- (ScienceDaily via NewsPoints Desk)

Urine test finds what makes people say no to blood pressure lowering pills - (ScienceDaily via NewsPoints Desk)

  • Study data published in Hypertension suggests that more than one third of people with hypertension do not take their blood pressure medication, ScienceDaily reported Friday.

  • The researchers used a mass-spectrometry technique to examine blood and urine samples from almost 1400 people and found that non-adherence to the blood pressure lowering drugs was 41.6 percent in the UK and 31.5 percent in the Czech Republic.

  • Further, with each additional prescription, the rate of non-adherence increased by 85 percent and 77 percent, respectively.

  • Study lead Maciej Tomaszewski said that "the more blood pressure lowering drugs are prescribed, the higher the risk that the patients will not be taking them on a regular basis. We also showed that diuretics are particularly poorly taken."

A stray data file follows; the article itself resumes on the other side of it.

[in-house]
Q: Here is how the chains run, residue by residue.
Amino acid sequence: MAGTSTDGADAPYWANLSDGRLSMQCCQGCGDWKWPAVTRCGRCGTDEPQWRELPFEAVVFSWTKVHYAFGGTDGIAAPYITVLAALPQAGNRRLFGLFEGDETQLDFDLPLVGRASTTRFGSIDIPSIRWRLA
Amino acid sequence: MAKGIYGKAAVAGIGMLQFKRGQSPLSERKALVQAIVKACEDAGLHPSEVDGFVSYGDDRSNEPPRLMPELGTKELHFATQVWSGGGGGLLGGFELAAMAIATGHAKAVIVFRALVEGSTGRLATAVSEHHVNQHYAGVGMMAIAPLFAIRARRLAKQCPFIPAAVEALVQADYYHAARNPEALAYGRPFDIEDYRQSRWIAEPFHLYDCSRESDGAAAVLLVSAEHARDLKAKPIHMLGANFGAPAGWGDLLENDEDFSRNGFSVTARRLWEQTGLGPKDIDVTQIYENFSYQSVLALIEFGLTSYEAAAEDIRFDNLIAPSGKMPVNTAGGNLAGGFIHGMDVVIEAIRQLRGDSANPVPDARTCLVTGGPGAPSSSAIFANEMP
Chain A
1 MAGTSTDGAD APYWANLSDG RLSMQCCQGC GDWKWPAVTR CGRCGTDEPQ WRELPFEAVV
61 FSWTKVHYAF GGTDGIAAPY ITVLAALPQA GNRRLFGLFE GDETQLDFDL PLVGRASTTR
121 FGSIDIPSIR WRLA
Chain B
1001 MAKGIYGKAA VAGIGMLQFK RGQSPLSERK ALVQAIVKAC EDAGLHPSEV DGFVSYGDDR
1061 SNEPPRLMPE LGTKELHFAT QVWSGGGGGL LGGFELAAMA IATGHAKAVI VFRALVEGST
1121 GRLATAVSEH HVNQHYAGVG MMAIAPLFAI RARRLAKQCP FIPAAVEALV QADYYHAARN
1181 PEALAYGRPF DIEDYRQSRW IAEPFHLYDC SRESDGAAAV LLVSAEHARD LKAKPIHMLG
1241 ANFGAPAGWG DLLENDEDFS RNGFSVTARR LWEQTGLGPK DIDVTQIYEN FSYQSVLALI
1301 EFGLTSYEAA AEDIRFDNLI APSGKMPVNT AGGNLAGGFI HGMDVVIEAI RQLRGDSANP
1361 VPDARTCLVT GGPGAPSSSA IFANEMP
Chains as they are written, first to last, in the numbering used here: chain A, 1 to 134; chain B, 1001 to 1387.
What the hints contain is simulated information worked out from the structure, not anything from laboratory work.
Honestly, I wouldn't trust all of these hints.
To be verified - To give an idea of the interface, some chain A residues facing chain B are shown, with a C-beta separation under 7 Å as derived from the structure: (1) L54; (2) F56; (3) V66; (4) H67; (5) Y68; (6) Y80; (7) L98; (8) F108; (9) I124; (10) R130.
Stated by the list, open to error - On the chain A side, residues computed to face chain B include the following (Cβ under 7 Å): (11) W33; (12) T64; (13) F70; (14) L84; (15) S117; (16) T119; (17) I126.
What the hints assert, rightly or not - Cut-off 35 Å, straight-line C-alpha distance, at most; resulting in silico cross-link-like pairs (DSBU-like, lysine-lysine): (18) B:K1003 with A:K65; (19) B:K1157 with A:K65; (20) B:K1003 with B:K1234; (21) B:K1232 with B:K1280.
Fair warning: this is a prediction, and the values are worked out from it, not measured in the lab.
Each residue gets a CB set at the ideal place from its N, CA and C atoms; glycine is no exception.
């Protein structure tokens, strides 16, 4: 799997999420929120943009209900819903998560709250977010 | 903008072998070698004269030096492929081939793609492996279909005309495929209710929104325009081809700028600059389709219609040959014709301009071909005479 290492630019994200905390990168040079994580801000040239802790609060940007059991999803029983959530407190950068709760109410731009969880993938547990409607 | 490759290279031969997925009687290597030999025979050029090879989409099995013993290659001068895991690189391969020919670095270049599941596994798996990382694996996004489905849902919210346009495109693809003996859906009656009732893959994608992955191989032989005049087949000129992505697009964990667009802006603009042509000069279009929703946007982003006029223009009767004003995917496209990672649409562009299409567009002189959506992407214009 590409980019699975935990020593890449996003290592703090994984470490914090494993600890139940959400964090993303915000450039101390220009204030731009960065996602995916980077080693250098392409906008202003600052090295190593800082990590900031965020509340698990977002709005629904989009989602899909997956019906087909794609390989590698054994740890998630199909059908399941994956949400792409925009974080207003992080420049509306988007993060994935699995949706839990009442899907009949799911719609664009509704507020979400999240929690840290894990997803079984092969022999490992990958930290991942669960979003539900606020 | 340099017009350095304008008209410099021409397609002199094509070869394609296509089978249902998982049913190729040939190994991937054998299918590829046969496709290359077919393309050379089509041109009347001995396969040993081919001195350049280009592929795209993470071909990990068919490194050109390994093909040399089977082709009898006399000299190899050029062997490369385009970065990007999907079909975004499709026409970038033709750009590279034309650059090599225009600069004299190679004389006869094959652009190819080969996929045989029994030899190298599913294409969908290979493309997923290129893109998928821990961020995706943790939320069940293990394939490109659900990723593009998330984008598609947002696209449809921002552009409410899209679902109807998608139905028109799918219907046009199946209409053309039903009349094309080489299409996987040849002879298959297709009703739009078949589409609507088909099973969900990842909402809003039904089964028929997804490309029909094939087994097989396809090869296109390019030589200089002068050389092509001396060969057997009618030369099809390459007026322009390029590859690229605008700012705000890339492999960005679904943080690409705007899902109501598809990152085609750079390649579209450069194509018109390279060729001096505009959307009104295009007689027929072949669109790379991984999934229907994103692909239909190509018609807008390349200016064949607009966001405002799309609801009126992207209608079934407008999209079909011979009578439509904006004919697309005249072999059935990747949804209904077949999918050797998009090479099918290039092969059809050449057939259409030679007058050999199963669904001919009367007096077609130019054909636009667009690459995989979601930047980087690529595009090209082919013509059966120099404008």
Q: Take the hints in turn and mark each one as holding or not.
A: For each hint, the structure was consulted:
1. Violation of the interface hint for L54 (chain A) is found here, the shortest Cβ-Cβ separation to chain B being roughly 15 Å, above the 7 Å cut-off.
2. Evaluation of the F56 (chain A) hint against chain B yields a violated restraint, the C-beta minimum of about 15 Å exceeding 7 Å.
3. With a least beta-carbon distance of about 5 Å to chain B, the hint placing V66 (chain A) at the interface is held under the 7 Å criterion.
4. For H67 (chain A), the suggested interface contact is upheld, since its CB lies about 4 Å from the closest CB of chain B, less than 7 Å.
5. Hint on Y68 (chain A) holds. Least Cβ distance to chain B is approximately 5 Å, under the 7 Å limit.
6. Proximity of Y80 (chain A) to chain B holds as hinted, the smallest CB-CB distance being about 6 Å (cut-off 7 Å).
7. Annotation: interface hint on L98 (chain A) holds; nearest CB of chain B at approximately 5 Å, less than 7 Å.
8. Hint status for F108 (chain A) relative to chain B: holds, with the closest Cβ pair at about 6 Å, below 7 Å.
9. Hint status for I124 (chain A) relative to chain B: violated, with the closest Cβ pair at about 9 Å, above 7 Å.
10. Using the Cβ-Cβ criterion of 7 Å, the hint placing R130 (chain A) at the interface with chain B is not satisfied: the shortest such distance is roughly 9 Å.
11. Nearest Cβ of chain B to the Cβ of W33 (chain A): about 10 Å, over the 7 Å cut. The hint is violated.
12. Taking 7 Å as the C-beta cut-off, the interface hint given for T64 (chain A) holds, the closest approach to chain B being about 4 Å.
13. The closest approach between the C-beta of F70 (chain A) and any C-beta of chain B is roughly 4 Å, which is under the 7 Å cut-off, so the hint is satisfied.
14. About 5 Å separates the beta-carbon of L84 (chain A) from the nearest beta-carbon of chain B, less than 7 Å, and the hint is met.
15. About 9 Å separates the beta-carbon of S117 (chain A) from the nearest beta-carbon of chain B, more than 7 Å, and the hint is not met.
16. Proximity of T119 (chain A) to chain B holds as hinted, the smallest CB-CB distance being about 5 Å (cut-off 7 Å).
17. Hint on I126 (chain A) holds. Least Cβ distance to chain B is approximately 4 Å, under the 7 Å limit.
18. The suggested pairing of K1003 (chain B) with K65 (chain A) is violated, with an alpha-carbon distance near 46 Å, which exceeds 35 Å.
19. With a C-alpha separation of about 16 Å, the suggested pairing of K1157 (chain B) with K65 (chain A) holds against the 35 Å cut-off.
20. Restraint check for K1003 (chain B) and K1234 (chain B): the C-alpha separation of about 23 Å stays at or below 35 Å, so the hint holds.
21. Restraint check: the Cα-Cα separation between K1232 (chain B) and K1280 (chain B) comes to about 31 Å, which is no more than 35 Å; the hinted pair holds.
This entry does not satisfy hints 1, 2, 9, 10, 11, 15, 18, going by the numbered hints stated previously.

• The results from the analysis showed that patients' age, sex, the number of blood pressure lowering medications and the diuretics together can provide a good measure of the risk of not taking the medications on a regular basis.

  • The researchers suggest that a formula can be developed to estimate the risk of not taking blood pressure lowering drugs without a need of a urine/blood analysis, with Tomaszewski noting that "not all countries will have sufficient expertise and the financial capacity to invest in technology that we are using."

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